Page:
About biochar, pyrolysis, biomass…
Last updated: January 19, 2022
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Carbonised biomass; charcoal, activated carbon, biocoal and biochar can all be described as a solid carbon-rich residue that remain from the heating of biomass in partial or complete absence of oxygen.
With the expansion of the biochar research field, the definition of biochar is however no longer limited to soil applications. In some acceptations, the definition even includes biochar use for energy – sometimes called biocoal – in industrial processes or products that may be later incinerated such as activated biochar filters or electronic components.
Finally, existing voluntary certificates of biochar include in their definitions specific requirements on production conditions and quality e.g. approved biomass types, minimum carbon content, treatment temperature, or pollutant contents.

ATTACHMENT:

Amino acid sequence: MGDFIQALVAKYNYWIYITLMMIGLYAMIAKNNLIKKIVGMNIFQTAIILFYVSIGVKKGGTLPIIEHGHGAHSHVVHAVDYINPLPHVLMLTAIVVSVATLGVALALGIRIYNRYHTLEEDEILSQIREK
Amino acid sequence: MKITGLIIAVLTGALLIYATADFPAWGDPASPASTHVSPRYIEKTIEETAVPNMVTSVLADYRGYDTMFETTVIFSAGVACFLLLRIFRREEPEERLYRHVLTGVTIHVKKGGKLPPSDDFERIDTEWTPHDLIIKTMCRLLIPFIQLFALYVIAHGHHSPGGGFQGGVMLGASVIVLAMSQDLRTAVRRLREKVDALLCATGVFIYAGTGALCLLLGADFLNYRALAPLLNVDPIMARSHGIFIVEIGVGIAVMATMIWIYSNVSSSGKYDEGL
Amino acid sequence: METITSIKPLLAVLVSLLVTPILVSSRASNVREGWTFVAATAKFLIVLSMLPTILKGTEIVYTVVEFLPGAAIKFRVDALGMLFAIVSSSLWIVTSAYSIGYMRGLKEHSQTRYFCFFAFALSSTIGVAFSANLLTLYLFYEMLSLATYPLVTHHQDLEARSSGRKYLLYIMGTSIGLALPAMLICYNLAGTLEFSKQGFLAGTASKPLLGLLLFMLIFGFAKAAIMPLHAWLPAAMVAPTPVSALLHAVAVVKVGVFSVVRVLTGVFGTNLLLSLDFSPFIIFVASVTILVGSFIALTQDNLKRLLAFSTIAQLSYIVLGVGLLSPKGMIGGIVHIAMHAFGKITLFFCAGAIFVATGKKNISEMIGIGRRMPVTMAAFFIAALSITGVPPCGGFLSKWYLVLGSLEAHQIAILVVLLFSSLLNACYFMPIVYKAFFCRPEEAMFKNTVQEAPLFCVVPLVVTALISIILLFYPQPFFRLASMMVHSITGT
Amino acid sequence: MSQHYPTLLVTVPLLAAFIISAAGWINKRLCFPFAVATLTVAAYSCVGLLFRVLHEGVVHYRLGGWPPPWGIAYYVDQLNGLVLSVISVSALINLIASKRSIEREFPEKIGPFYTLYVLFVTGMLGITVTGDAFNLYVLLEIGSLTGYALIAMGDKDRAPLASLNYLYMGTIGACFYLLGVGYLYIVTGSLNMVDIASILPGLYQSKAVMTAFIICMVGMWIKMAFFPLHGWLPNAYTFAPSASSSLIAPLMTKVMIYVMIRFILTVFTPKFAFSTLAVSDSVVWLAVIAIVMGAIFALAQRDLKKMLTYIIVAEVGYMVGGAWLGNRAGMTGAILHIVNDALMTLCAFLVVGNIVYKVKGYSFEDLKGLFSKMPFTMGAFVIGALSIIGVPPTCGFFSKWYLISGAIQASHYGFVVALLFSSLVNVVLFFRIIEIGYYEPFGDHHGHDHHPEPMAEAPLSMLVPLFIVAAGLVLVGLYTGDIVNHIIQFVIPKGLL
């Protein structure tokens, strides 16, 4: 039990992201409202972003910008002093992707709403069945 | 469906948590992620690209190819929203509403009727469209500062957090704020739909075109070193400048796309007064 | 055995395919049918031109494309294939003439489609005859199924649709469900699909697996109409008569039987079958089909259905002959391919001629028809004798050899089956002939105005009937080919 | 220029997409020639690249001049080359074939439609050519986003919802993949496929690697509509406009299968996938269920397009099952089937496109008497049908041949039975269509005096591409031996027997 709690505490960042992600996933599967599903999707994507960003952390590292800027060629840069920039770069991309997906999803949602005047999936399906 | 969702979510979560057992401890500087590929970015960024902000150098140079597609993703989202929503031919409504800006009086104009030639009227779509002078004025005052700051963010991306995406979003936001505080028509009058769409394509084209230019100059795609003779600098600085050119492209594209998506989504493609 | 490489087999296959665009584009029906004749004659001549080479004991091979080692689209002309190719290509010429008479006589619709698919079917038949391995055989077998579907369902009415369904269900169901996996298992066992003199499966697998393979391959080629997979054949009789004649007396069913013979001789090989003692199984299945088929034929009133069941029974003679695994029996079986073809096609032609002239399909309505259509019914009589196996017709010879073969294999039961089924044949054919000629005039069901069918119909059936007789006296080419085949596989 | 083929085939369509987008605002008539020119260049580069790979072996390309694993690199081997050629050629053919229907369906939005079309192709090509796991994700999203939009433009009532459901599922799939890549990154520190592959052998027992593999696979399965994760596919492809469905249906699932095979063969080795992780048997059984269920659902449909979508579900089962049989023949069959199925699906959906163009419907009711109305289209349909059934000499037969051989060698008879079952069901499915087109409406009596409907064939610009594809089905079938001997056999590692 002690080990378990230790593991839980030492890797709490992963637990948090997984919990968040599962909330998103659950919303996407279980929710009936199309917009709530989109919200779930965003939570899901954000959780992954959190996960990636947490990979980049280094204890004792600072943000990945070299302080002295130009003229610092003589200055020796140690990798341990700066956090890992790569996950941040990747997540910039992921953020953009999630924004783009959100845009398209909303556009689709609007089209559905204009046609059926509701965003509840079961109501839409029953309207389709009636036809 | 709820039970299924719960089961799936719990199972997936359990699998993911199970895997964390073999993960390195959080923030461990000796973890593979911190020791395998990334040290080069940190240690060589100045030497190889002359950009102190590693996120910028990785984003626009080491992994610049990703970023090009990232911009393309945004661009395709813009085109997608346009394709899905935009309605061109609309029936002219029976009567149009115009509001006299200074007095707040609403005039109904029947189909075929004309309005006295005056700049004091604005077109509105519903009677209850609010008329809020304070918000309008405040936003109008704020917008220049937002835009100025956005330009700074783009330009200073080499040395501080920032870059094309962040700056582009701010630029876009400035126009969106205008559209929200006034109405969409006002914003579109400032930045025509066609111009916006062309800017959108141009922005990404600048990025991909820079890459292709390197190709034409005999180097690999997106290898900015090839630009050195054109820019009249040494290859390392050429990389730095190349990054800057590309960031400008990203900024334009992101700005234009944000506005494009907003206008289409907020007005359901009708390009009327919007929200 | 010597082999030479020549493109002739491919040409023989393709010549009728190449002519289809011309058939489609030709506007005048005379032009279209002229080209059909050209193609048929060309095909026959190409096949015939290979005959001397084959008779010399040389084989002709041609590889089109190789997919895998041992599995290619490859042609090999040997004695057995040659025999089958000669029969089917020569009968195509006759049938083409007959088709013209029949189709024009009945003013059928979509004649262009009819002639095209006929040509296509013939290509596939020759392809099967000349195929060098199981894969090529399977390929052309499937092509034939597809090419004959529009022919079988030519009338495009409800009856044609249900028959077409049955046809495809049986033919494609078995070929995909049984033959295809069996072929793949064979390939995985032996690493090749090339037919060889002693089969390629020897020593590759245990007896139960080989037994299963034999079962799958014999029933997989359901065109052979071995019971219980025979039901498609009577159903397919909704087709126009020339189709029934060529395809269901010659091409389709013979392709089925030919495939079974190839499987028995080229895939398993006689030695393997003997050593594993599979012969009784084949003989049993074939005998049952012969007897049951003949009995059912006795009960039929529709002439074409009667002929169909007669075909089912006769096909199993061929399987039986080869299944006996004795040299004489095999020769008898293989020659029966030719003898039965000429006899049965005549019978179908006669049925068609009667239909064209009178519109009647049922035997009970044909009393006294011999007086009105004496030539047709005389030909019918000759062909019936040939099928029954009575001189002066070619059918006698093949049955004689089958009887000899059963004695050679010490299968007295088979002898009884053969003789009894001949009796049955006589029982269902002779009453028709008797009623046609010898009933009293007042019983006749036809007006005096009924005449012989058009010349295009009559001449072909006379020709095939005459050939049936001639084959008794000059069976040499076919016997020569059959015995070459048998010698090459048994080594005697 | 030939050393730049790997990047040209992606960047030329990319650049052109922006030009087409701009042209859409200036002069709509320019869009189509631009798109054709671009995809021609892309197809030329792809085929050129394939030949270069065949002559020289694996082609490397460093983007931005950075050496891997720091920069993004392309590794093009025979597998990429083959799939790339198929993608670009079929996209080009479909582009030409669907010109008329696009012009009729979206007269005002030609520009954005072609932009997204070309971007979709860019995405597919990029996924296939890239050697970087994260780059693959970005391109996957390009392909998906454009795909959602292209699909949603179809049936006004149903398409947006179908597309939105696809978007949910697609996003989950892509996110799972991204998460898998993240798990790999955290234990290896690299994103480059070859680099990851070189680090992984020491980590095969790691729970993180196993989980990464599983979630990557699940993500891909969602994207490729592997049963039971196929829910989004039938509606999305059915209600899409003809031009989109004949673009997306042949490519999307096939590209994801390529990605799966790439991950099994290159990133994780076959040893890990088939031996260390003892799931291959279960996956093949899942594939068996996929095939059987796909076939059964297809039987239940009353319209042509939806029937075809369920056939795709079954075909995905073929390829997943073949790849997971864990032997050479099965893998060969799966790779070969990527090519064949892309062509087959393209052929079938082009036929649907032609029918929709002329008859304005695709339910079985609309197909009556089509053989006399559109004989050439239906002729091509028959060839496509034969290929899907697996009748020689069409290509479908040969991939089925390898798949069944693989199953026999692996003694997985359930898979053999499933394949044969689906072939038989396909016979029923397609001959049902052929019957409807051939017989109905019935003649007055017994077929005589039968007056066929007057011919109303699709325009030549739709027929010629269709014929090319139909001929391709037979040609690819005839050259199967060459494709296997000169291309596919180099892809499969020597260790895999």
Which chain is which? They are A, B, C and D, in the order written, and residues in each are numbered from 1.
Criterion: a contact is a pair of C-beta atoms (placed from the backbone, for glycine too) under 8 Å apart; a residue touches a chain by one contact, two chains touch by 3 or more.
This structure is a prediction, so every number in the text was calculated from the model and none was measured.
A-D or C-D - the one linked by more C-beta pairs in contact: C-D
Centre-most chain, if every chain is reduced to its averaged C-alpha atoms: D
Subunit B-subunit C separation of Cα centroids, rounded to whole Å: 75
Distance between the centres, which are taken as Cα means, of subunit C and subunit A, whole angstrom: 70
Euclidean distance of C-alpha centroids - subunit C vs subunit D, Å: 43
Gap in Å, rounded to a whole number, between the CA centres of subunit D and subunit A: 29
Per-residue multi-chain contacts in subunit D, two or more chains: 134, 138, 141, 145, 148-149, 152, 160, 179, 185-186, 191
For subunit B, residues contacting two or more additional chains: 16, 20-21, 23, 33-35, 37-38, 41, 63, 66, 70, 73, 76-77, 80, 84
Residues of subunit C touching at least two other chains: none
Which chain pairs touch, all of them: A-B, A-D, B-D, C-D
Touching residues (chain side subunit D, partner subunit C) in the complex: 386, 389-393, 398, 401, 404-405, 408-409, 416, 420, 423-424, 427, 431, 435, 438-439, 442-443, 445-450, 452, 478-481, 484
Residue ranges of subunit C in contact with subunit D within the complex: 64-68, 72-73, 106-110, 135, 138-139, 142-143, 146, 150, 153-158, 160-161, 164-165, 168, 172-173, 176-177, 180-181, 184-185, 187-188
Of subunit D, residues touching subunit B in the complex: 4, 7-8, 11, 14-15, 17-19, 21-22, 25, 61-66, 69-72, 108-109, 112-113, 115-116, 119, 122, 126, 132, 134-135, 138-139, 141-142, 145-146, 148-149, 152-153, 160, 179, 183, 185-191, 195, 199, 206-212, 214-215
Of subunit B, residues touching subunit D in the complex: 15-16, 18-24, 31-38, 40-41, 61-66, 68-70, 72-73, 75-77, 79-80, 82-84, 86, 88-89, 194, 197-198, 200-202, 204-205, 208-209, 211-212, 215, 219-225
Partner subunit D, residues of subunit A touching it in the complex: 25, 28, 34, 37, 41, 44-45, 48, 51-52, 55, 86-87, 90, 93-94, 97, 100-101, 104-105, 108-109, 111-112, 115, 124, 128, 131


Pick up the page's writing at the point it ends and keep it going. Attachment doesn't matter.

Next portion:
All these materials have different properties. Usually, charcoal is produced in a way that maximises its yield (around 35% of the initial biomass weight), and charcoal has a lower carbon content and a higher hydrogen content than biochar produced at higher temperatures (and with a lower yield).
There are few studies that estimated the global potential of biochar carbon sequestration. The range they provide is 3 - 10 GtCO2 per year, with varying assumptions on biomass feedstocks used. If achieved, this potential is a significant amount for the climate system. However, humanity must also mitigate its current 50 GtCO2-eq emitted annually.